Toyota announces investment in the US. The Japanese company announced it will invest US$10bn in the US over the next five years just after Trump threatened the auto industry with a border tax (English) (English). Toyota was planning to build a new factory in Mexico to produce Corolla cars in 2019 (English).
Trump expects Congress to pay for the Wall and bill Mexico later. President-elect Donald Trump’s team plan to convince Congress to pay for the Wall and ask Mexico for a refund (English). Trump tweeted the cost of the Wall “will be paid back by Mexico later”. Oddly enough, Mexico denied it (English).
North American E&P spending will rise 27% in 2017. North American exploration and production spending will increase in 2017 by 27%, after a 38% reduction in 2016 (English). Barclays estimates that the US rig count will end the year at 850-875 rigs, with an average of 730.
The OECD expects Mexico to grow in 2017. OECD chief José Ángel Gurria foresees higher growth for Mexico this year, countering consensus views that Donald Trump’s protectionist policies will dampen growth (English). The peso depreciation will boost exports, taking the economy over the 2.2 percent growth rate of 2016 and improving more in 2018.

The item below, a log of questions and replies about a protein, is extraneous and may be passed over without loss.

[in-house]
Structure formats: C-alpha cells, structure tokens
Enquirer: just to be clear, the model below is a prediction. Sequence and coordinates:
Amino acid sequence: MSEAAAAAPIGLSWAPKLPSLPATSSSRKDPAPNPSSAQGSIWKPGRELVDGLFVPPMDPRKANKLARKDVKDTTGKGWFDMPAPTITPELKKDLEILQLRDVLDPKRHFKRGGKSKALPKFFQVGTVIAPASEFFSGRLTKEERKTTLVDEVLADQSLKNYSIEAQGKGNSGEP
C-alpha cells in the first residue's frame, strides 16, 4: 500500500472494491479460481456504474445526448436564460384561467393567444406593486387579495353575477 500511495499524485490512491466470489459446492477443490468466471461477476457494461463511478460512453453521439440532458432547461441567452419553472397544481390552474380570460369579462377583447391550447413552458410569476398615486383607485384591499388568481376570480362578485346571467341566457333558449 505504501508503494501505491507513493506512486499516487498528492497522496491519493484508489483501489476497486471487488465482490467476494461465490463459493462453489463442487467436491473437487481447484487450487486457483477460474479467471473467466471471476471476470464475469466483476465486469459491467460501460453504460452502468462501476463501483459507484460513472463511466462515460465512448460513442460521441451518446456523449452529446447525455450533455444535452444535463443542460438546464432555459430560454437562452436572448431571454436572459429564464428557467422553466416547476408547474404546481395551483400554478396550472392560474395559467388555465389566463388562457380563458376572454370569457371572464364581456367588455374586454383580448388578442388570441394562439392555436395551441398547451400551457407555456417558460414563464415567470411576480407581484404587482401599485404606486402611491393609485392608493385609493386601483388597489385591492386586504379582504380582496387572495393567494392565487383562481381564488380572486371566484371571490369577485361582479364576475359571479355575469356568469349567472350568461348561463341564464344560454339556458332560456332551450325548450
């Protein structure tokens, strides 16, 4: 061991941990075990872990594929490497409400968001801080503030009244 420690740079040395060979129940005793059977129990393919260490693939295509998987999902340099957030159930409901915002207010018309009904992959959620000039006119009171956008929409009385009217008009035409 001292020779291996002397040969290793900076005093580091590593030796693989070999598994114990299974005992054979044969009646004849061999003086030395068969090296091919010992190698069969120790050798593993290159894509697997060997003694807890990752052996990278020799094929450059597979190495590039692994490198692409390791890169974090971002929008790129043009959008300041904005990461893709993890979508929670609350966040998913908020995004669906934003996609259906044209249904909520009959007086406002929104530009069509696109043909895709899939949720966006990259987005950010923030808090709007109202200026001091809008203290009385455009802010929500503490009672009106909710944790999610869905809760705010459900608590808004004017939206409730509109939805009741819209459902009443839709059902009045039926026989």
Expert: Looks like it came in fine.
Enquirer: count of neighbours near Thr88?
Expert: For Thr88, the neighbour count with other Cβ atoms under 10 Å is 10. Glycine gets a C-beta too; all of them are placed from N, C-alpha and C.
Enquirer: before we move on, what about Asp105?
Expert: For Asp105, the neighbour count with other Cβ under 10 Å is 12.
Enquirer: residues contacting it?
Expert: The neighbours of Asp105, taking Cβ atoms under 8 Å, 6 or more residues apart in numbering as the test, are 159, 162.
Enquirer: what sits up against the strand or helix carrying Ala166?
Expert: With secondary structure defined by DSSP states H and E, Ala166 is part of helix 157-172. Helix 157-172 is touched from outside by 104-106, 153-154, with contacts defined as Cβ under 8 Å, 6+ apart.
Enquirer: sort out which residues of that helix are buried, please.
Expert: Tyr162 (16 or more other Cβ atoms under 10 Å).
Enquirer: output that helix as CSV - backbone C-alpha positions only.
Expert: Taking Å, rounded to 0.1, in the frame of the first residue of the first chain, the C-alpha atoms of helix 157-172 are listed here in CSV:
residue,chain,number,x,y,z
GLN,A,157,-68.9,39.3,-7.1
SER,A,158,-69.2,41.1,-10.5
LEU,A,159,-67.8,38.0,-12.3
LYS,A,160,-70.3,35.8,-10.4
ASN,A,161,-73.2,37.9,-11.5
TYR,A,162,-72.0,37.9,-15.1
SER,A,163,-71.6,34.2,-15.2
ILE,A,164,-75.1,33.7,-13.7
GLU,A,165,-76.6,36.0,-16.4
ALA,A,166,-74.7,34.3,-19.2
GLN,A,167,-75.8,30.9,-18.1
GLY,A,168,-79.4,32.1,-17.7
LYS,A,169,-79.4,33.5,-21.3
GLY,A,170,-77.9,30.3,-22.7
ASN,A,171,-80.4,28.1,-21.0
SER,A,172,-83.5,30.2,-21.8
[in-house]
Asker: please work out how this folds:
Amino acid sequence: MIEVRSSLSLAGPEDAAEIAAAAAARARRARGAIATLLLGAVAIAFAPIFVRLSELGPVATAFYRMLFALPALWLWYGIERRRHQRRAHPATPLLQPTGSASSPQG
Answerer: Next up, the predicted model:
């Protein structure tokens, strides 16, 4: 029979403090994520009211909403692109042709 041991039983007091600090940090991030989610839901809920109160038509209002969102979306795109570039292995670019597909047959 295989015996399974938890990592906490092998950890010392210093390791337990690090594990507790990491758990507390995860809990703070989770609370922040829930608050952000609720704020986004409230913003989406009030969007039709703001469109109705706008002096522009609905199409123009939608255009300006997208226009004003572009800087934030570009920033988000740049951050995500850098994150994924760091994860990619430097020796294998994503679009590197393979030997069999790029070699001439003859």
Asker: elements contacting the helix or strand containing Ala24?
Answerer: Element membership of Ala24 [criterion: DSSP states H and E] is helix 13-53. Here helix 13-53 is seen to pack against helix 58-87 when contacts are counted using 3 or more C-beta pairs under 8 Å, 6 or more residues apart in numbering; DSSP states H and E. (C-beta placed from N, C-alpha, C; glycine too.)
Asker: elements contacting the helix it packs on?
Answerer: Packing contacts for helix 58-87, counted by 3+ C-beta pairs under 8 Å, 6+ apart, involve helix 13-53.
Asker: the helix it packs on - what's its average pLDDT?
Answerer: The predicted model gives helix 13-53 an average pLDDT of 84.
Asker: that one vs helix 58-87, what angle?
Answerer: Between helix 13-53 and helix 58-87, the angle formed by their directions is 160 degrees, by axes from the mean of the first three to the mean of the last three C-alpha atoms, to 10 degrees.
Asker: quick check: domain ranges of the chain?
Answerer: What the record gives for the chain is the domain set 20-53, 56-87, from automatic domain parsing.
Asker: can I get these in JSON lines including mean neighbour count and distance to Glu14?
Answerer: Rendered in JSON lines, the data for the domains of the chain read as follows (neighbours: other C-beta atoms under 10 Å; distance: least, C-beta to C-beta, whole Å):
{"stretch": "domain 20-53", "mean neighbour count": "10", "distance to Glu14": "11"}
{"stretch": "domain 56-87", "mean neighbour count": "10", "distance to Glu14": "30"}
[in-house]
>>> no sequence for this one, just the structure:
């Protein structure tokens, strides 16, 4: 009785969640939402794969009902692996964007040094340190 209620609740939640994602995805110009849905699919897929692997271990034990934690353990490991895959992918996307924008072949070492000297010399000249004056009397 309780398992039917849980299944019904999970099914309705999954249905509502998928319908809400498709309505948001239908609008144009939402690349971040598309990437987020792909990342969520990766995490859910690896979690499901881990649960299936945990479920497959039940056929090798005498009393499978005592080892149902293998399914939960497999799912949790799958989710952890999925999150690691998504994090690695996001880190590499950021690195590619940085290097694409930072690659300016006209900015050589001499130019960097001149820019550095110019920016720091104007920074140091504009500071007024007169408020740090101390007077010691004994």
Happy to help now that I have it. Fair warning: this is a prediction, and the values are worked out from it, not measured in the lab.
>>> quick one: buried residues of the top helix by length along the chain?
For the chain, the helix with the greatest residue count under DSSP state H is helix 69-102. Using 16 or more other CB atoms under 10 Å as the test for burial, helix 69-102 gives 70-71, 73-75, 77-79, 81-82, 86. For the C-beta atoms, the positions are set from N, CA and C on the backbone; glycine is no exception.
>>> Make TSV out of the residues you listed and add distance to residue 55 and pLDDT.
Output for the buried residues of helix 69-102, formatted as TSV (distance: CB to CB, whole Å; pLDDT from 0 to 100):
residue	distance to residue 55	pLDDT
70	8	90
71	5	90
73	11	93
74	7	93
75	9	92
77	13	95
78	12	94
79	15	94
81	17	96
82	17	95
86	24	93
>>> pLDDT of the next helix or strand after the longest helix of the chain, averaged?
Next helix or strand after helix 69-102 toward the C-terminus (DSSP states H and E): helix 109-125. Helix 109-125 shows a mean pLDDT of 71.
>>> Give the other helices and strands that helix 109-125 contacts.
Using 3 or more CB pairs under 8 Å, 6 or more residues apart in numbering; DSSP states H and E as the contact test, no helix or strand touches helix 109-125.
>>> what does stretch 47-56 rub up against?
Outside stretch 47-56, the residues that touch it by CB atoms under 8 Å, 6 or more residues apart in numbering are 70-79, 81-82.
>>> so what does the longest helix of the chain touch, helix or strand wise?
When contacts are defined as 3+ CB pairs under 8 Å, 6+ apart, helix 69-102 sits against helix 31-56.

North American gasoline prices are full of contrasts. In 2016, US gasoline prices were the lowest since 2004, averaging 2.14 dollars per gallon (English). Meanwhile, in Mexico, citizens continue protesting the rise in gasoline prices with 250 arrests, 79 shops sacked, and three supplying terminals remaining blocked (Spanish).
Oil prices suffer as US output grows. Oil prices dropped by 4% over worries about Iraqi crude exports reaching 3.51 million barrels per day in December and growing US output (English). This could affect OPEC’s historic efforts to increase oil prices.